By Matt Lalande in Pedestrian Accidents on August 27, 2018
Pedestrian accidents in the Ontario have been on the rise over the past several years. In 2016 – over 100 pedestrian fatalities were reported across the province. 2017 was also a terrible year for pedestrian safety in Ontario. Over 1500 vehicle pedestrian accidents occurred – 43 of which were fatalities in Toronto. Last year in Hamilton nearly 280 people were hit by cars (in Hamilton, Ancaster, Dundas & Stoney Creek) with nearly 90% of pedestrians suffering injuries. Vehicle pedestrian collisions have been on the rise consistently since 2011, although fatalities have declined.
In Hamilton and throughout Southern Ontario, many pedestrian accidents often occur in busy urban areas like city streets, intersections, crosswalks and sidewalks. Typically, pedestrians have little to no protection to ward off collisions with a car, truck or other motor vehicle and because of this, accidents normally result in serious injuries such as fractured spinal bones, spinal cord injury, broken bones in the legs and arms, head injuries, or even death.
Most pedestrian accidents are typically caused by motorists that are inattentive. Many of the reported pedestrian accidents that occur throughout Burlington and Hamilton can normally be linked to some sort of distraction in most, if not all cases. Many pedestrian injuries are caused by drivers that fail to stop at stop signs or traffic lights. Drivers turning right at an intersection while looking left is a common cause of pedestrian accidents. A significant number of pedestrian accidents in Ontario are also caused by drivers who are impaired, inexperienced, distracted by their smart phones, and, in many cases, improper lane use, speed racing or simply driving too fast for the conditions.
Pedestrian accidents are also caused by drivers who fails to notice that someone has stepped into the crosswalk, and/or they do not come to a full stop. In other cases, drivers are may fail to exercise caution or “increased caution” in certain areas where pedestrians are certainly to be expected – such as school cross walks, near school zones, near malls, bus stations, downtown ect.)
In Ontario, there is a duty of care owed by drivers to exercise due care for the safety of others. In most circumstances (outside of private roadways, parking lots, and private property) a driver is presumed negligent – meaning that the pedestrian need only prove that the collision occurred and that accident caused injury. Liability or fault can be divided if a motorist rebuts the presumption of negligence and proves that a pedestrian acted irresponsibly in the circumstances – however, the driver is always assumed negligent until proven otherwise.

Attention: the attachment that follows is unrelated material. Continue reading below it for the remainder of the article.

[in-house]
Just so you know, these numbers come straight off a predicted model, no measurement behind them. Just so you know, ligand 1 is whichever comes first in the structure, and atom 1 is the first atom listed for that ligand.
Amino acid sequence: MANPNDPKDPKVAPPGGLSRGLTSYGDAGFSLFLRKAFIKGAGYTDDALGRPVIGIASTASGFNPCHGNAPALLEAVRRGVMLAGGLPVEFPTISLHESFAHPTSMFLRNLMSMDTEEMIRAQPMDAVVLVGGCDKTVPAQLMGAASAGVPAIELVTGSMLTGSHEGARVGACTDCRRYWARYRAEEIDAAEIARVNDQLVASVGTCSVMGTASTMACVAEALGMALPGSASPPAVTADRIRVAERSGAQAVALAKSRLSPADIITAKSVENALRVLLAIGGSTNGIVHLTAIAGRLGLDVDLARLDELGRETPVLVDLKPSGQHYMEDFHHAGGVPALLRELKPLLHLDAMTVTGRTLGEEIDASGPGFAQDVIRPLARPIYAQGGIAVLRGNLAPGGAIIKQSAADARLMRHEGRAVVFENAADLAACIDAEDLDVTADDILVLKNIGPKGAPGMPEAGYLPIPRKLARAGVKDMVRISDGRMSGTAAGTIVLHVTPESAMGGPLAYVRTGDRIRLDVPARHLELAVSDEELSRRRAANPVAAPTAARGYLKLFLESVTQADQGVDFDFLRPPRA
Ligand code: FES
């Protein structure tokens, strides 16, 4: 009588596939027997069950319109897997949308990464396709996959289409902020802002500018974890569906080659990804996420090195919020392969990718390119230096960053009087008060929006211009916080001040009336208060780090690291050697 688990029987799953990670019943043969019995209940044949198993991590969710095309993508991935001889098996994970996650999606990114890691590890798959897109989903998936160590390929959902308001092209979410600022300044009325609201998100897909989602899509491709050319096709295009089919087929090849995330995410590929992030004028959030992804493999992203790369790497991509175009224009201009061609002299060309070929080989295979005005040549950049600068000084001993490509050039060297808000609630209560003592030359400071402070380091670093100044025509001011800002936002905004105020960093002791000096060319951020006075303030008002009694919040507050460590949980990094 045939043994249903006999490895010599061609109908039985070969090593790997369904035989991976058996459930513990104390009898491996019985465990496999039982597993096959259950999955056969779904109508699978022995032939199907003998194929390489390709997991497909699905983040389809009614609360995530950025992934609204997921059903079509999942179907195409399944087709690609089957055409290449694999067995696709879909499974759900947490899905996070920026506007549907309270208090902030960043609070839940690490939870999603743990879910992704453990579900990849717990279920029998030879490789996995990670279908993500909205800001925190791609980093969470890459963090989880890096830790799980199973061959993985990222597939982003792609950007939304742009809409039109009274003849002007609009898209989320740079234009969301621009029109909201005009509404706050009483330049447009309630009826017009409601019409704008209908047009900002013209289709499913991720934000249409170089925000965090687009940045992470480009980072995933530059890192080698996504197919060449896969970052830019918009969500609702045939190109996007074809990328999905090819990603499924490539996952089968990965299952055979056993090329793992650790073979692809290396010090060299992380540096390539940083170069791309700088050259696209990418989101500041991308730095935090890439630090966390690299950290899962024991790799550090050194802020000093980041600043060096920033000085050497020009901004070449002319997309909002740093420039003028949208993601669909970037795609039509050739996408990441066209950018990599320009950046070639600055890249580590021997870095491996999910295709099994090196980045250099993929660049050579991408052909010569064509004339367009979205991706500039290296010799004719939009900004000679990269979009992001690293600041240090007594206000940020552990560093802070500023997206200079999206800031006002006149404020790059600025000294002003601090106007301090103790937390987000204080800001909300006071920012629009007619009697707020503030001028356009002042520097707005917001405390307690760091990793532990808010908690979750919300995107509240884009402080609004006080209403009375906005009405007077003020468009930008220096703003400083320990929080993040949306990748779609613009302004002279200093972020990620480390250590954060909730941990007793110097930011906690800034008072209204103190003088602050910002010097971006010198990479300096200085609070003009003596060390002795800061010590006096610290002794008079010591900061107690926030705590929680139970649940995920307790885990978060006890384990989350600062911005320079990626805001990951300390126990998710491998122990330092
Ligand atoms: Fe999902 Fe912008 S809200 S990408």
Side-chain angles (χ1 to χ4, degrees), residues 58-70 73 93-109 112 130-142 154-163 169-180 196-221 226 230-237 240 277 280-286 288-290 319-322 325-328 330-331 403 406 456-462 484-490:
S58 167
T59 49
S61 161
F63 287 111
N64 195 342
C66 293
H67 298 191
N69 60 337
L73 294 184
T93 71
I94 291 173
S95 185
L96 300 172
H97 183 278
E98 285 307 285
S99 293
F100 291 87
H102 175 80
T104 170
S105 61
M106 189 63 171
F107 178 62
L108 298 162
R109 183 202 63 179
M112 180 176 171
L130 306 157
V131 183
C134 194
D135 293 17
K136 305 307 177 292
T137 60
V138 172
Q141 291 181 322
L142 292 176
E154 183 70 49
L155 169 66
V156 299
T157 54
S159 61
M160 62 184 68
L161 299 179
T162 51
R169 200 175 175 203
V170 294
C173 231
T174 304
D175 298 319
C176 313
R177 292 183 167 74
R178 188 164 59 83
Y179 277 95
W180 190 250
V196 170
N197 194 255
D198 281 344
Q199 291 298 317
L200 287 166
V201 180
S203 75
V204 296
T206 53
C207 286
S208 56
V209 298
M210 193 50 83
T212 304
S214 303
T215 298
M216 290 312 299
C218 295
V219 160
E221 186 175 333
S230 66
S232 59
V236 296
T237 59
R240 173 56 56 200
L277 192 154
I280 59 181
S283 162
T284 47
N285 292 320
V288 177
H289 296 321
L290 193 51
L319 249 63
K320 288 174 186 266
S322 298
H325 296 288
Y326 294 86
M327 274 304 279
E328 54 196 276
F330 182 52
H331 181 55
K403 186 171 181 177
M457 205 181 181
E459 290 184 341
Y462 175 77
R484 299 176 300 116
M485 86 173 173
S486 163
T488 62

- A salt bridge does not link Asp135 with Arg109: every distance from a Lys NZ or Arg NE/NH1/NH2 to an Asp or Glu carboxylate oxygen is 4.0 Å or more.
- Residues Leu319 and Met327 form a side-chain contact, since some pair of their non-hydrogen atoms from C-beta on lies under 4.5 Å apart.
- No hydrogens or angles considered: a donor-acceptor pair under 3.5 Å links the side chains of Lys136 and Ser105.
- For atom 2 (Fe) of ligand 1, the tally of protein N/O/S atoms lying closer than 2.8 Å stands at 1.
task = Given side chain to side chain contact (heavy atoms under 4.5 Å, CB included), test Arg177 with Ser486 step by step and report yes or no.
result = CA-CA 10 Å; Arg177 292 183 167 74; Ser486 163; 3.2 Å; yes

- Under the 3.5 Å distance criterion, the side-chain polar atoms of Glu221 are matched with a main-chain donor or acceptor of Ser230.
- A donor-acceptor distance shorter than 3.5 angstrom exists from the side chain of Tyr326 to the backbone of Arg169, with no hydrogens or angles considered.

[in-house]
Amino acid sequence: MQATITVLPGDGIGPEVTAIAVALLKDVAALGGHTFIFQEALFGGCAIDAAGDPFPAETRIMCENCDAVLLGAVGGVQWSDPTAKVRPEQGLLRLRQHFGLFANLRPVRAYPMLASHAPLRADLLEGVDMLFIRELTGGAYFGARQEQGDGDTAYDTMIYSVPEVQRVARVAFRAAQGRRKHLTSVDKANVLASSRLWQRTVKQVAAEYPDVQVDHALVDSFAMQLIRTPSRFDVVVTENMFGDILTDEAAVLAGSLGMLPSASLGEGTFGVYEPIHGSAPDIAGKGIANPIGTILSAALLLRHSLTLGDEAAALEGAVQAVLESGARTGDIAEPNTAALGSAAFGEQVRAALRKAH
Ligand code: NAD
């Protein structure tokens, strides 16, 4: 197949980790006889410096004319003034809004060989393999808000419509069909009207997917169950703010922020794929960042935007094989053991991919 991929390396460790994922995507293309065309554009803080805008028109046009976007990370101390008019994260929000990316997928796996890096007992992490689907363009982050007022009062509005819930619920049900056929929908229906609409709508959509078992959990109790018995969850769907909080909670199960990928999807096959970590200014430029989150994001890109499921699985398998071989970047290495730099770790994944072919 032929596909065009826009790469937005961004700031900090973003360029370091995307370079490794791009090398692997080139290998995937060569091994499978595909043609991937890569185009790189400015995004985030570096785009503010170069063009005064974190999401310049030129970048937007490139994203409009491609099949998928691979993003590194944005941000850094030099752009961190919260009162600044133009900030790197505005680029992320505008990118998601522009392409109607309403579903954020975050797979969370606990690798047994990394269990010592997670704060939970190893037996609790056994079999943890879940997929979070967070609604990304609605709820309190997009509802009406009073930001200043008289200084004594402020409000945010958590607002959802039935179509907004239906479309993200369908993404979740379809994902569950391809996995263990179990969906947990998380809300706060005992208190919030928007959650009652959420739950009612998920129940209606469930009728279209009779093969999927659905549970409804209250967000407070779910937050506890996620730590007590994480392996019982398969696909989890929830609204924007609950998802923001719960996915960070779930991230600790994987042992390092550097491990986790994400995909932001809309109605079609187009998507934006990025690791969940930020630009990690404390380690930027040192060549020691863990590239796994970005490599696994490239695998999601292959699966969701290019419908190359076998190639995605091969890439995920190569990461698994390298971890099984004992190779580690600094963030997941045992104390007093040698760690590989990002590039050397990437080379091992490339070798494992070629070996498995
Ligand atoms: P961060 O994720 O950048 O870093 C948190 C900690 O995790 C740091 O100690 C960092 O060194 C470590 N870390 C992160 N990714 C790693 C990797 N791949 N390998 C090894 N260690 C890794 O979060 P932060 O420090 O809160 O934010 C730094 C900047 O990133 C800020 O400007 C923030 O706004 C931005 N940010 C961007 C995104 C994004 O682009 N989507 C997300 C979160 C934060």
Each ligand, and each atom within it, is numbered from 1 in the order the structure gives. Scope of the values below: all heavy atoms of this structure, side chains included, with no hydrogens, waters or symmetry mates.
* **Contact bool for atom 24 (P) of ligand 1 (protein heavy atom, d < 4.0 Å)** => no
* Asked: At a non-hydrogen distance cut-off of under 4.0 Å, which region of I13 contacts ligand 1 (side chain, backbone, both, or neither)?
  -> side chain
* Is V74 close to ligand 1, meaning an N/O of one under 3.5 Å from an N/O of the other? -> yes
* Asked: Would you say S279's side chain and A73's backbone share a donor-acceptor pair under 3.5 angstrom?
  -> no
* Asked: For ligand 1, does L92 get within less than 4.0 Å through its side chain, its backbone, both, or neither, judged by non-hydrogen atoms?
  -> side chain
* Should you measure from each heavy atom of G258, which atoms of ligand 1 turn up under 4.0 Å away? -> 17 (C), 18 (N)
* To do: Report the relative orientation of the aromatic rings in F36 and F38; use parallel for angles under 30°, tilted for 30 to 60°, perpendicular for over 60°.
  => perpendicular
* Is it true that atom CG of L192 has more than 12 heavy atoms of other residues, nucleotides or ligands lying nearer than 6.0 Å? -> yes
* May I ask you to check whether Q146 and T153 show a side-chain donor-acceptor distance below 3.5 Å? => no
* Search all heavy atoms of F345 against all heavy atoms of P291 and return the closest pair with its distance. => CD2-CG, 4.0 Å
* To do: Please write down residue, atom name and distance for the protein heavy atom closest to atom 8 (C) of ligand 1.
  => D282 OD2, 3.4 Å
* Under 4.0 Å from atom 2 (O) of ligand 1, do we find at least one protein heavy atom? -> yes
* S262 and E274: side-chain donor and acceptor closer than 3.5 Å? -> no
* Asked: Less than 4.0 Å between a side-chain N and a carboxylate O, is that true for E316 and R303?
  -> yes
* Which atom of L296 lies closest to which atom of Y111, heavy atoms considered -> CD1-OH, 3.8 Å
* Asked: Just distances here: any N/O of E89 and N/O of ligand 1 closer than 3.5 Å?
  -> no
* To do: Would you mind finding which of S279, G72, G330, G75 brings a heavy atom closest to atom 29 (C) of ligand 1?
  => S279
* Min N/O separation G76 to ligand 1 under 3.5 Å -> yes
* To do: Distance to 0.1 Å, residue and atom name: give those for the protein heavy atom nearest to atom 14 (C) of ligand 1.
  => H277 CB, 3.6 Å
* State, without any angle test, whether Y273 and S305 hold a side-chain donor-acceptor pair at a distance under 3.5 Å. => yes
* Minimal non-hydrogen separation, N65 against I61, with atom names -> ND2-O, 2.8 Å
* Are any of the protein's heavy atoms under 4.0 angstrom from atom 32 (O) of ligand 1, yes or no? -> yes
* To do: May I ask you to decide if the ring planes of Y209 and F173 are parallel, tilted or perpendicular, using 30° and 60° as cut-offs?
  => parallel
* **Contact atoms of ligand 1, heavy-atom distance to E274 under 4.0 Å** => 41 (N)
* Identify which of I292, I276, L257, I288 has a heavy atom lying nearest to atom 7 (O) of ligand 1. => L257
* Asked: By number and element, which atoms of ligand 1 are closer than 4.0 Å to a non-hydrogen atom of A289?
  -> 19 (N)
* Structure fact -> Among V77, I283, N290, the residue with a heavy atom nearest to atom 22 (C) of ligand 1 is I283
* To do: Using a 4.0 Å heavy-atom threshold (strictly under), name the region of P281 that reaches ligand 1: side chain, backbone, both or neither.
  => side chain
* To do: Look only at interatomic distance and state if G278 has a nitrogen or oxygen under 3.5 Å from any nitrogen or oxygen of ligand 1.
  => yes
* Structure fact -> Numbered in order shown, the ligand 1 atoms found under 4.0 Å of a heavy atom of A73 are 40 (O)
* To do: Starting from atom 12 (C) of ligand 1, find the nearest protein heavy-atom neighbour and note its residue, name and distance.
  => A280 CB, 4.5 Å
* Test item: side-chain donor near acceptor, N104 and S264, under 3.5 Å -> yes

Generally, a pedestrian has the same rights as anyone involved in a car accident. A person hit by a vehicle is typically entitled to make a claim against the at-fault driver’s insurance company for economic and non-economic damages.
An injured person or a family member may file suit for pain and suffering, psychological and psychiatric suffering, loss of enjoyment of life, loss of amenities, wage loss such as loss of past income, loss of competitive advantage, direct economic loss, loss of housekeeping capacity and for compensation for future care costs which may arise later in life and be outside of OHIP approved payments or other benefit costs.
Damages are compensatory – meaning they are means to compensate you for your losses caused by the at-fault driver’s negligence.
If you or your loved one has suffered a catastrophic injury that is severe enough to be permanently life changing, you may be entitled to enhanced coverage that would entitle you to a further one million dollars ($1,000,000.00) in combined medical-rehab and attendant care benefits. You may also be entitled to such benefits as income replacement benefits and financial help for weekly housekeeping benefits.
The chances of escaping injury in a pedestrian-car accident is slim. Pedestrians are always the weaker party with no external protection to absorb the trauma or a collision with a car, truck or any other type of motor vehicle. At Lalande & Company Injury & Disability Lawyers, we can’t reverse the damages or loss caused to you or your loved one, but our Hamilton Personal Injury Lawyers can fight for the justice you and your family deserve. Obtaining reasonable compensation from a negligent driver’s insurance company can no doubt help a victim make better and more able decisions while being able to afford to manage their injuries.
It is important to remember that we NEVER charge up-front fees for consultations or if we agree to take on the case. Our Hamilton Personal Injury Lawyers are able to help answer your most pressing questions, we are available 24/7 and we are able to help guide you or your loved ones toward pursuing reasonable compensation. Even if you have been told you were to blame, it’s important to contact us right away.